So, how can I explain this? Why can we still cite the standard normal, even though we are using a data-based estimate for its standard error?

While the question is analogous to that of a t-test, I understand why we can't just use a t-test (we don't have the other assumptions met). My best attempt at an answer so far is simply:

“Yes, we are estimating the standard error, but that approximation is just swallowed up by our original normal approximation to the binomial, because that only works at high degrees of freedom anyways"?

Is there a better explanation that that? It feels intuitive that some adjustment would be necessary, but we don't make one.

For a brief explanation of why the two links I cited felt like they didn't quite cover this...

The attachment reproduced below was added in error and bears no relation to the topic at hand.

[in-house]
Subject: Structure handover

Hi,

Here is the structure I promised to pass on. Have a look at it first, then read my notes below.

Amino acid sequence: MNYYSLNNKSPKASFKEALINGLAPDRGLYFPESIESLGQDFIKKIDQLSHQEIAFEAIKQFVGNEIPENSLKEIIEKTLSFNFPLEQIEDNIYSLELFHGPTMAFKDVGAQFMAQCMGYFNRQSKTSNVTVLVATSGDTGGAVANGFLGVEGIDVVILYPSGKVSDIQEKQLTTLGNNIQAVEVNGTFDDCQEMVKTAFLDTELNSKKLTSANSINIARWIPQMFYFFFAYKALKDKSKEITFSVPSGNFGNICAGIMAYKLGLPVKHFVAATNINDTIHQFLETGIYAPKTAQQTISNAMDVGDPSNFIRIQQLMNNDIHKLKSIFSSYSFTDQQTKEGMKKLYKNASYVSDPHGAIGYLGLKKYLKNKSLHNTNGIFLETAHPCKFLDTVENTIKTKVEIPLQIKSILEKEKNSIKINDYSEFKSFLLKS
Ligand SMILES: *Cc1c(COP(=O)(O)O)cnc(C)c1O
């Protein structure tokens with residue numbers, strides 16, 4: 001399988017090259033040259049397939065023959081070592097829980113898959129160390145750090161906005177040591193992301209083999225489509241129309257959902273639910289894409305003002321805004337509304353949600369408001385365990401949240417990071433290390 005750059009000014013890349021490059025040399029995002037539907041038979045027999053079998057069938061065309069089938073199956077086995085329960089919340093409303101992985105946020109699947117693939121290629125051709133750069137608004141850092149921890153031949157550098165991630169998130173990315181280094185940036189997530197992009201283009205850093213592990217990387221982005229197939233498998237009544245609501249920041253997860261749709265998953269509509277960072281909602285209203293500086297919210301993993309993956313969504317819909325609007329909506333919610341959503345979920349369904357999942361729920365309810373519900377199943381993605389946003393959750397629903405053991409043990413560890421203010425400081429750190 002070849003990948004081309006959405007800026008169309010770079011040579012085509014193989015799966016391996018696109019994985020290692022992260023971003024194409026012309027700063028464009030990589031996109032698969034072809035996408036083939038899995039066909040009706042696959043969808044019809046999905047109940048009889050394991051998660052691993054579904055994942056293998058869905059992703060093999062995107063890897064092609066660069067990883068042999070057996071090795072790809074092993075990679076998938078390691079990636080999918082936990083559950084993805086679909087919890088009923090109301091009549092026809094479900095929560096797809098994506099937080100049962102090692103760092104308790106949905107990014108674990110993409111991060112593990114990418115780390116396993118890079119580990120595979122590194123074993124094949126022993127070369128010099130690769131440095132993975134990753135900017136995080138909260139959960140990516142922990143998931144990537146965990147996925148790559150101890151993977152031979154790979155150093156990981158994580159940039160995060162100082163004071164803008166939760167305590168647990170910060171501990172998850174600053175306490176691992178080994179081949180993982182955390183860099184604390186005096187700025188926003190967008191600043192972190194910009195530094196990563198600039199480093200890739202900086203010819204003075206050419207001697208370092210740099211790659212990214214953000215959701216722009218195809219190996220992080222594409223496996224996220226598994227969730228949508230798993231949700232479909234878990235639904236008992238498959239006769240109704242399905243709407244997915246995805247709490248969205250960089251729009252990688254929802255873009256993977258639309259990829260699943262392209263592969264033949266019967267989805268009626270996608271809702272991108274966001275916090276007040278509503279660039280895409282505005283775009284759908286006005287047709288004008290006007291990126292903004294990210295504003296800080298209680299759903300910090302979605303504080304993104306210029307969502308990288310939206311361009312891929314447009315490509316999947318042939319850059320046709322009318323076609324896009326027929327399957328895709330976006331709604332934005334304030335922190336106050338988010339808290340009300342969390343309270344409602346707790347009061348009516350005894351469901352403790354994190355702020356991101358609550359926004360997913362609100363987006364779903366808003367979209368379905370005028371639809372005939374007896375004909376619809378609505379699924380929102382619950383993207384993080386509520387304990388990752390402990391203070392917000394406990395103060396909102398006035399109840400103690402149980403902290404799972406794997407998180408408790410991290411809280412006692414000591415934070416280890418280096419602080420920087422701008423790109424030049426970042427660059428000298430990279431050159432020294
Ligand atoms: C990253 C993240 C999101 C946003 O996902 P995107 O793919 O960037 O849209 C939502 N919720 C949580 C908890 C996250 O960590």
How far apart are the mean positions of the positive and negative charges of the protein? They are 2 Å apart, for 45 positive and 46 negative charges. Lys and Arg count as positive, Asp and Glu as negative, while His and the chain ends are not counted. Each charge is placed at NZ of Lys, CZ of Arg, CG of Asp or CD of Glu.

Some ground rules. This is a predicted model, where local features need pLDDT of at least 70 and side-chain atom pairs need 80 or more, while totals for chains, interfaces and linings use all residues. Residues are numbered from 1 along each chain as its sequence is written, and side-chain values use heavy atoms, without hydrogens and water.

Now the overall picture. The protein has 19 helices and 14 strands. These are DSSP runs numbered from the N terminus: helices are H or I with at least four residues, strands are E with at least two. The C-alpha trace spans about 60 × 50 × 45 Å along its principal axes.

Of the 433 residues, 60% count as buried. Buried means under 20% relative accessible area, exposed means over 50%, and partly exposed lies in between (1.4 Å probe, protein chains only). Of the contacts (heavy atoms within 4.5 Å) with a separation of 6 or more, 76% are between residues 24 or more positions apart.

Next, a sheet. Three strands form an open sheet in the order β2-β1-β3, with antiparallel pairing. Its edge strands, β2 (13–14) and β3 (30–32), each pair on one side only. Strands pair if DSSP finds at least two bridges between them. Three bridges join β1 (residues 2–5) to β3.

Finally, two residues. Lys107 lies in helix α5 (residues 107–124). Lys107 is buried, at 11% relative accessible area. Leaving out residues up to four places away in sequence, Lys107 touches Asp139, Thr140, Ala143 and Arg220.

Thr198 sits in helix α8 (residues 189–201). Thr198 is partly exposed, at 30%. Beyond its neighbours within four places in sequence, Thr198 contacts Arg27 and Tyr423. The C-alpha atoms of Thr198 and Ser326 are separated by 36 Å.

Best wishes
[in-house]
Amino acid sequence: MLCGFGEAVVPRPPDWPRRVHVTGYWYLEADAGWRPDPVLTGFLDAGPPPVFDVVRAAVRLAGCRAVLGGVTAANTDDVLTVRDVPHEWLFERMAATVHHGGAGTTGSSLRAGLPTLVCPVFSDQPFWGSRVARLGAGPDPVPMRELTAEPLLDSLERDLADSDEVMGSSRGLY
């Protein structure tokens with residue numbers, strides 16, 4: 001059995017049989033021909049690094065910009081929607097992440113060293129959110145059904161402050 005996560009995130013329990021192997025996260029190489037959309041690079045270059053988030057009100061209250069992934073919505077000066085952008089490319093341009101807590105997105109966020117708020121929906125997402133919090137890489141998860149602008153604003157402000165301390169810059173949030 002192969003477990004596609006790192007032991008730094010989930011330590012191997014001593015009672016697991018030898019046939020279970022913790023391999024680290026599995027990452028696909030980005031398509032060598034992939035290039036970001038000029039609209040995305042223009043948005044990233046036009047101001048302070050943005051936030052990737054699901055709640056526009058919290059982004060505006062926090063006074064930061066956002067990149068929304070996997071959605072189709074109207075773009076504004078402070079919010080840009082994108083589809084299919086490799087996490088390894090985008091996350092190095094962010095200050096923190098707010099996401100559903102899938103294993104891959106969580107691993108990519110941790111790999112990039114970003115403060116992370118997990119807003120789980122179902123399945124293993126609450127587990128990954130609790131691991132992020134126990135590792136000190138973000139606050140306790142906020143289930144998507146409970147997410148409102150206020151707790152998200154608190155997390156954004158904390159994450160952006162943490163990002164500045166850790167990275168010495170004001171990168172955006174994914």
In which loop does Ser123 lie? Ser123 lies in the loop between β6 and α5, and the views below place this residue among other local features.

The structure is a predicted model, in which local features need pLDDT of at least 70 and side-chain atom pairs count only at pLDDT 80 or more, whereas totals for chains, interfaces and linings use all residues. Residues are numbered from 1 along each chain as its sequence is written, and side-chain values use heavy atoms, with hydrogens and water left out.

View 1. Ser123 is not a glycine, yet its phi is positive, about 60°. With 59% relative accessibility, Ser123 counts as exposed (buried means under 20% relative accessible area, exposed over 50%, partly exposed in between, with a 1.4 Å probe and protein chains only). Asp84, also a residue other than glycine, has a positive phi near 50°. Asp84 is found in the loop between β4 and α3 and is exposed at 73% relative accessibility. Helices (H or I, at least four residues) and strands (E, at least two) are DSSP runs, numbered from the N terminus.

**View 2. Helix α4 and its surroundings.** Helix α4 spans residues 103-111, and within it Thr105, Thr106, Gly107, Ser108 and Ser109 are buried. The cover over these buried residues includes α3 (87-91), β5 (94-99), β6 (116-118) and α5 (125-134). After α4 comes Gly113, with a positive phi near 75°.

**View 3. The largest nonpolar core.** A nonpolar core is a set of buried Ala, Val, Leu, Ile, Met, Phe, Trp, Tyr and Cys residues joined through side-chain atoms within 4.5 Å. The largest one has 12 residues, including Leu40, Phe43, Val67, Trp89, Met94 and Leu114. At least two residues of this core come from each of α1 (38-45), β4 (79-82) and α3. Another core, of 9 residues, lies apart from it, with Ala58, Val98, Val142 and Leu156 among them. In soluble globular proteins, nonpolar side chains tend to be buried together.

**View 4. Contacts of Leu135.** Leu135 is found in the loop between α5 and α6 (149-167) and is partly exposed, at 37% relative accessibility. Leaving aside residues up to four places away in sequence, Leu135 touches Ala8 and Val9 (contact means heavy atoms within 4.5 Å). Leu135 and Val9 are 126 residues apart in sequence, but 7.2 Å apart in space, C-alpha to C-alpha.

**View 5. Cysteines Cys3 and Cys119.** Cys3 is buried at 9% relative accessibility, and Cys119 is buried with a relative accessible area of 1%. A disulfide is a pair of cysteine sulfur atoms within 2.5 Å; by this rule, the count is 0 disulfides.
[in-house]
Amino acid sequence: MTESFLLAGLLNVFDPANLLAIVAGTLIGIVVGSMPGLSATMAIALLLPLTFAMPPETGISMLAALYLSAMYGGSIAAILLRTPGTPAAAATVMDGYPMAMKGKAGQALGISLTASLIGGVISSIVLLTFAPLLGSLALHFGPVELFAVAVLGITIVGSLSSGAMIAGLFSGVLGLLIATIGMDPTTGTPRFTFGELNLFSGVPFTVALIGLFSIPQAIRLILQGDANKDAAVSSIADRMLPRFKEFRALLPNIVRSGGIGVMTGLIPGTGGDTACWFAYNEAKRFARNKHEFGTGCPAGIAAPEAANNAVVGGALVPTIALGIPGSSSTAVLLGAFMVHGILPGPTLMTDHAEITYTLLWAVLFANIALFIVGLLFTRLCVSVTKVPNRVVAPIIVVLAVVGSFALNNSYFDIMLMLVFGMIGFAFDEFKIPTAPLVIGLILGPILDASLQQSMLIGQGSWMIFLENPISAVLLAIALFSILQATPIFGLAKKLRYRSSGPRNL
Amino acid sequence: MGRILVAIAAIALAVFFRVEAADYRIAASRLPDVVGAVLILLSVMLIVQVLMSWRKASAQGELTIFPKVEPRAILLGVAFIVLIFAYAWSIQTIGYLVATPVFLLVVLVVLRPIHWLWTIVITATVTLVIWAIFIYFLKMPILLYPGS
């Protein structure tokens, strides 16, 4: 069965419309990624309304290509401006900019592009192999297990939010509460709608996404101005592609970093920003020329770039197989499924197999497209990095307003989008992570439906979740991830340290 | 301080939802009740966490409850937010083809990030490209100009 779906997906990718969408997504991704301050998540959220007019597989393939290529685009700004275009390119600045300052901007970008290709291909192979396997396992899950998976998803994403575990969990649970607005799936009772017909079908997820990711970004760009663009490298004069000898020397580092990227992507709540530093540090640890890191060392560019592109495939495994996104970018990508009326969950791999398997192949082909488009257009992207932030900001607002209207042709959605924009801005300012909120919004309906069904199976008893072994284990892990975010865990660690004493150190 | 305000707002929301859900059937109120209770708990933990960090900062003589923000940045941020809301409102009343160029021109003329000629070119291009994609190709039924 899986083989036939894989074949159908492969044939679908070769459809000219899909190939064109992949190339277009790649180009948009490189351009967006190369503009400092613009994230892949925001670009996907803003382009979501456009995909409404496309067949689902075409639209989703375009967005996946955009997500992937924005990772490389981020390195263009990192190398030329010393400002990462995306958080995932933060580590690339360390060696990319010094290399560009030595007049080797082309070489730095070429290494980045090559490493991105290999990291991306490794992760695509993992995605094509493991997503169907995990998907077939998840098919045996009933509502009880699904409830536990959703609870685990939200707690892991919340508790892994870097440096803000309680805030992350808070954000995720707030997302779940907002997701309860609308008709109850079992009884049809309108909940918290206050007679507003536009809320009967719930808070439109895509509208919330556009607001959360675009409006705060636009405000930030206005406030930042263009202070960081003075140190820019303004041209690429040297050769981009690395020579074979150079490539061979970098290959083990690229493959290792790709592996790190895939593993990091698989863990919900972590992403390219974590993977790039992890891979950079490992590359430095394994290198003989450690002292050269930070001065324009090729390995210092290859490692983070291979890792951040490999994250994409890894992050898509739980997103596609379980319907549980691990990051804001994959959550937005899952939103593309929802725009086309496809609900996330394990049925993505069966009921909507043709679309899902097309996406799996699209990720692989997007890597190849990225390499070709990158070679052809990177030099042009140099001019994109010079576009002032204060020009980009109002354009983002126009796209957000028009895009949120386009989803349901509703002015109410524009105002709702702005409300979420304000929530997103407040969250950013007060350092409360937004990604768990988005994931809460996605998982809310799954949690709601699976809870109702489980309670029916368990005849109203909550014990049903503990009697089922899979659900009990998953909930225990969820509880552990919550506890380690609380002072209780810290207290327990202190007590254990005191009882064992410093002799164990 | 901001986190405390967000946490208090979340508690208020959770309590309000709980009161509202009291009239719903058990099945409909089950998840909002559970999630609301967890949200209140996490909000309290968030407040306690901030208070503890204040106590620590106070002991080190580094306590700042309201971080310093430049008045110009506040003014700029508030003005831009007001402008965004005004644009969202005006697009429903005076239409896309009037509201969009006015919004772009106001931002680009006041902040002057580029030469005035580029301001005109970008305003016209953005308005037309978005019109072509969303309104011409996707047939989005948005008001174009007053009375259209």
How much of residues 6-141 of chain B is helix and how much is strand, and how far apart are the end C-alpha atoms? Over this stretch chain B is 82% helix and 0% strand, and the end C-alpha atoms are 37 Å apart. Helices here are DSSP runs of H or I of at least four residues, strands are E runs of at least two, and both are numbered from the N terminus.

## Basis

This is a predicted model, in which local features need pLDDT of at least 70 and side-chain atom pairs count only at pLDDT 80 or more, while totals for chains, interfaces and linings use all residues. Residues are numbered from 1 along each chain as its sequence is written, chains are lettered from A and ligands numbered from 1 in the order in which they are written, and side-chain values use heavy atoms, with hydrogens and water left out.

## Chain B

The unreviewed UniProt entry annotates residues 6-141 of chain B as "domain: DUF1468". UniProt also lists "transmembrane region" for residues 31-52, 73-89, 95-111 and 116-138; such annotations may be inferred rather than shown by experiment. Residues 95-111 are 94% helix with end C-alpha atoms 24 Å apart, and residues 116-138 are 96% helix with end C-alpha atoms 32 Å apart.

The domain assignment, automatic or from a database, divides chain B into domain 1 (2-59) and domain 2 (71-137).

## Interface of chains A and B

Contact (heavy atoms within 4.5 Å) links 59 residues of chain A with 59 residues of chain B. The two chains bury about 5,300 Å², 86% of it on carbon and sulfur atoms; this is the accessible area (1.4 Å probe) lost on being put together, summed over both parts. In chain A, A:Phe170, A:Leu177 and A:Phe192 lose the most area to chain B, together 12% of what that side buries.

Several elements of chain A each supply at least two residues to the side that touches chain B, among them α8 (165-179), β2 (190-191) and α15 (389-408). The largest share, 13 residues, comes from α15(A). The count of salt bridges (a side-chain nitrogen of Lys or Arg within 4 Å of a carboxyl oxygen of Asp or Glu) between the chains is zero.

@glen_b's answer is very good, and clearly explains why the theoretical assumptions required for a t-test wouldn't hold here. However, I don't see it explain this exact issue. It mentions both one and two sample proportion tests, and my confusion is that they don't feel like they are the same on this front. But this helps inform my best guess above, which is that for sample sizes large enough for our normality approximation, estimating the standard error is basically irrelevant.

Similarly, @whuber's very clearly shows (with plots) how the student-t distribution doesn't approximate our test statistic any better (for moderate sample size) than the simple standard normal.